It was about 12 years ago now when I found myself sitting in my clinical supervisor’s office, struggling.
I was halfway through my doctoral program in clinical psychology, my sister’s violent murder in the recent, blindingly dark past, and I was buried beneath the wreckage of my crumbling marriage, toddler in tow, and two more on the way.
I meant it as a passive, almost rhetorical question to bridge one awkward moment to the next, sitting in his office, crying, and coming unglued.
Foregoing any compassionate therapeutic pause, he simply replied, “Many little decisions.”
Come again? I was gutturally punched—stunned, speechless. You mean, I created this life? This chaos? I am the maestro of this deafening and incompatible cacophony?
My wise elder succinctly said what I came to realize many years later. I had been living on autopilot for most of my life, creating patterns of preferences from all my big and less significant life decisions. His compassionate words jolted me out of my decision-making fugue state.
Many years of therapy and meditation and yoga practice later, I came to accept that although life will throw at me many curve balls over which I have absolutely no control, I am responsible for all of my life decisions, whether it be which non-dairy creamer to put in my coffee, or to the more significant ones around parenting, my words spoken, and my body’s actions.
And, I learned it’s not so much the decisions I have made but whether I have made them with integrity.
The culmination of our life decisions resides in our internal world, how we feel in our body, mind, and soul, and not what we have accumulated externally and materialistically.
According to Buddhist psychology, wise action requires three considerations:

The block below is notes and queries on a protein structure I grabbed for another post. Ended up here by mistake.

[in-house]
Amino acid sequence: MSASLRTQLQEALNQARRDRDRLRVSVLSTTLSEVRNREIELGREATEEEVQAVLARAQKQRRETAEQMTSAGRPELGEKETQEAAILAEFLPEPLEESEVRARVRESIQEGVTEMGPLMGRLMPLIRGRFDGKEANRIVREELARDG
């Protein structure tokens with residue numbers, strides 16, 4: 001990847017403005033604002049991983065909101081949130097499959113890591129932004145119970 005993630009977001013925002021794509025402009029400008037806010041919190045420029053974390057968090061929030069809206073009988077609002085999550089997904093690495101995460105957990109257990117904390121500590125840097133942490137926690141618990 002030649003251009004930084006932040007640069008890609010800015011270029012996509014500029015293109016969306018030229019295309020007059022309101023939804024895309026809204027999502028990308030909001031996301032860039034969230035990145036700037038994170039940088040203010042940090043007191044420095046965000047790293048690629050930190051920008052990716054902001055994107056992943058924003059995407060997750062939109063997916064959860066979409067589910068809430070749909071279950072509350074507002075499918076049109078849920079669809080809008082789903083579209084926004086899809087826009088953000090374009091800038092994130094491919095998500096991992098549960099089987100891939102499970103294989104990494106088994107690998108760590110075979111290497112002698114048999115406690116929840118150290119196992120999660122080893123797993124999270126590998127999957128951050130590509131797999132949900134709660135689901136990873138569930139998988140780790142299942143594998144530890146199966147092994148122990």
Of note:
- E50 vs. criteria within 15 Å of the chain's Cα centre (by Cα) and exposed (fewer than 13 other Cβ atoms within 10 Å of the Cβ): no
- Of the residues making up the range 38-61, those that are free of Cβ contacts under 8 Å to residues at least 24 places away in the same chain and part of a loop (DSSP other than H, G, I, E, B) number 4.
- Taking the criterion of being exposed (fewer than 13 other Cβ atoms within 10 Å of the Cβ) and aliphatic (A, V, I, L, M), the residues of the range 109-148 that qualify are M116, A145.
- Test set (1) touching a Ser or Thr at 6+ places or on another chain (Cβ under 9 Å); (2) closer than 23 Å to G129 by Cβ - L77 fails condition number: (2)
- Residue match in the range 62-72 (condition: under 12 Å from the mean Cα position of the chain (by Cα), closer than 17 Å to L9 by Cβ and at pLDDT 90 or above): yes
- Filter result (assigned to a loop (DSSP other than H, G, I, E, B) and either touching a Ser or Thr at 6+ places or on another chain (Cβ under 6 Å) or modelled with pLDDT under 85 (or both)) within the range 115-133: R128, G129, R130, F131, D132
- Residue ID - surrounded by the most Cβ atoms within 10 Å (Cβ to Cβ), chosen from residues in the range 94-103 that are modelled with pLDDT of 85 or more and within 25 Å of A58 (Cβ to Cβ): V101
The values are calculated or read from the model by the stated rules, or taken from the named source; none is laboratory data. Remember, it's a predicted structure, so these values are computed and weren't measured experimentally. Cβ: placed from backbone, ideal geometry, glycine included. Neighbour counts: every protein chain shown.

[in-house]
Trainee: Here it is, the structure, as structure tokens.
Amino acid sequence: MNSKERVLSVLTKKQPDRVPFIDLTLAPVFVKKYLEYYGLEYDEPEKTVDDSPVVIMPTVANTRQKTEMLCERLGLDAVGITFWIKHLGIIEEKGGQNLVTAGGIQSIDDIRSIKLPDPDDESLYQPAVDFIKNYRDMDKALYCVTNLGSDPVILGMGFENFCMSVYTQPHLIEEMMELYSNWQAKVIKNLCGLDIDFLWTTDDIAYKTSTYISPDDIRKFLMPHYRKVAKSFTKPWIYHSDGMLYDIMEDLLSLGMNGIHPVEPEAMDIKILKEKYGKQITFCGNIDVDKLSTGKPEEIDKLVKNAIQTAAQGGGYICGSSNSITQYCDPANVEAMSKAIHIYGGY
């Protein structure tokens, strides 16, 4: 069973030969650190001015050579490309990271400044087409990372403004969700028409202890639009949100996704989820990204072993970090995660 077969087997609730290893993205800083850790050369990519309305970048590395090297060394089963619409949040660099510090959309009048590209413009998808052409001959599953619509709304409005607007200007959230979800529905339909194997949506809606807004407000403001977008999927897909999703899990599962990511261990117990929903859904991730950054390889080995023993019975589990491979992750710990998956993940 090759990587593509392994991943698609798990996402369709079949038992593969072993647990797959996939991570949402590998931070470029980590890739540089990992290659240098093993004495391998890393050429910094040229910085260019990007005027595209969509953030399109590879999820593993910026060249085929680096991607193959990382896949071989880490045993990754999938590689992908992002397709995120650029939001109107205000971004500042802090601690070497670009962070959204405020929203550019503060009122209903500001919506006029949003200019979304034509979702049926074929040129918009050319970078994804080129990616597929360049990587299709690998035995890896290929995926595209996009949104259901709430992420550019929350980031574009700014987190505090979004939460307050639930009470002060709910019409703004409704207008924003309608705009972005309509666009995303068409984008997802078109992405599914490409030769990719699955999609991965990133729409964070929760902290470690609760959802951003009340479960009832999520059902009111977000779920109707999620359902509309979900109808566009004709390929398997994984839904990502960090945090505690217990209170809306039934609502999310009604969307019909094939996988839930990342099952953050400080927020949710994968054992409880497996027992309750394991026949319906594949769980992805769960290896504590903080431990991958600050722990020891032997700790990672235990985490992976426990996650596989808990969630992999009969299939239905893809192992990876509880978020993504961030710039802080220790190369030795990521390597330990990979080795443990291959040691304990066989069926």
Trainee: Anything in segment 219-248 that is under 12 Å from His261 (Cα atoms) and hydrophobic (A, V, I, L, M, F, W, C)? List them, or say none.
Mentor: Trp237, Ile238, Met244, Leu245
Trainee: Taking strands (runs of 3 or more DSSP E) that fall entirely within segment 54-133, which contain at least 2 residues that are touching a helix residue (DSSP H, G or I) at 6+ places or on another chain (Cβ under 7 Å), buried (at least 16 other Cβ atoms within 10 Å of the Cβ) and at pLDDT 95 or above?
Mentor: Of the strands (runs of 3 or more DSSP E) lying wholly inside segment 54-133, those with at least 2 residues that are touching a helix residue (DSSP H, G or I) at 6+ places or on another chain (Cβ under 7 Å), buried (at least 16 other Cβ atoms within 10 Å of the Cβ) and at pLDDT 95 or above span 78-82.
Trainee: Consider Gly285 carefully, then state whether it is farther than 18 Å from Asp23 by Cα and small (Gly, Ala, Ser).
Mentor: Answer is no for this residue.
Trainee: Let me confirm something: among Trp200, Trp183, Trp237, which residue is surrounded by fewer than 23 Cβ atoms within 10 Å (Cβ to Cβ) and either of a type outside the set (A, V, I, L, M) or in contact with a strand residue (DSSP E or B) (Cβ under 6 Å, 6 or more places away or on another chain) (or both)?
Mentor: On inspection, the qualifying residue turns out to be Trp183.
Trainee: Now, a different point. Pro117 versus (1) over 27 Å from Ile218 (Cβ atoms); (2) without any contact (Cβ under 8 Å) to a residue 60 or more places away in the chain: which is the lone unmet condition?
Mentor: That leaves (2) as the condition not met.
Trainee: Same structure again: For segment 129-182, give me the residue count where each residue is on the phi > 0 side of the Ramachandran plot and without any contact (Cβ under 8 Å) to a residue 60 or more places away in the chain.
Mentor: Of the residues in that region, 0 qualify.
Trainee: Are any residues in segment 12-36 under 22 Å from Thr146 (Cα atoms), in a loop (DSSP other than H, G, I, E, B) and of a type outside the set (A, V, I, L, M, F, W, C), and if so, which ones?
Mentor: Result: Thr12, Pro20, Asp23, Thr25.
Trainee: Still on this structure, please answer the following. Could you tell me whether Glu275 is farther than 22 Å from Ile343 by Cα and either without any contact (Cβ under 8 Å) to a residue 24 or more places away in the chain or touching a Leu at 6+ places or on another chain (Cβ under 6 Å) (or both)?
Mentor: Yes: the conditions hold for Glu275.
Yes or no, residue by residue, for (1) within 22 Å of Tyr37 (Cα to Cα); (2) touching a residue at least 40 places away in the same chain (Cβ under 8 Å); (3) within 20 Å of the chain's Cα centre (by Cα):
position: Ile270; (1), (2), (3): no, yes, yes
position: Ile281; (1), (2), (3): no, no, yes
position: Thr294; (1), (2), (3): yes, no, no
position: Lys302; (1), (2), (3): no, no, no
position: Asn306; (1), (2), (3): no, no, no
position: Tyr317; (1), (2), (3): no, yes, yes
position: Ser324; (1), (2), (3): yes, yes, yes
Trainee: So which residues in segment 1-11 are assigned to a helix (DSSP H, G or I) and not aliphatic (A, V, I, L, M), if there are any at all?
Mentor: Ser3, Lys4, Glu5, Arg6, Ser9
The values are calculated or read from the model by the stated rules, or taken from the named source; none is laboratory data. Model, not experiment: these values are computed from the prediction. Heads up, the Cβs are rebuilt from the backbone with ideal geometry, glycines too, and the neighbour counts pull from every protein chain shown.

Our intention behind the decision we make: What is driving us down one path instead of another?
Our ability to carry out our decision: Do we have the skills, resources, and wisdom to follow through?
Our reflection on the immediate results of our decision: What can we learn from the results of our decision so that we may adjust and fine-tune our skills for future decision making?
And here we all are now. Perpetually drenched in the COVID-19 trauma of helplessness, lack of control, and decision-making fatigue. We are chronically fatigued by the daily small and significant life decisions we need to make as we consider the health and welfare of ourselves, our families, and our country.
A recent article in the Atlantic, Our Minds Aren’t Equipped for This Kind of Reopening, discusses the difference between “making” bad choices versus “having” bad choices, the latter of which comes from decisions that require us to use moral reasoning and risk assessment in situations, such as COVID, that are uncertain and uncontrollable and laden with our biases and judgments.
So how do we maintain a sense of presence and mindfulness with our life decisions in the midst of this constant emotional turbulence?
Buddhist educator Oren Jay Sofer describes five stages that lead to the “flow of decision making.”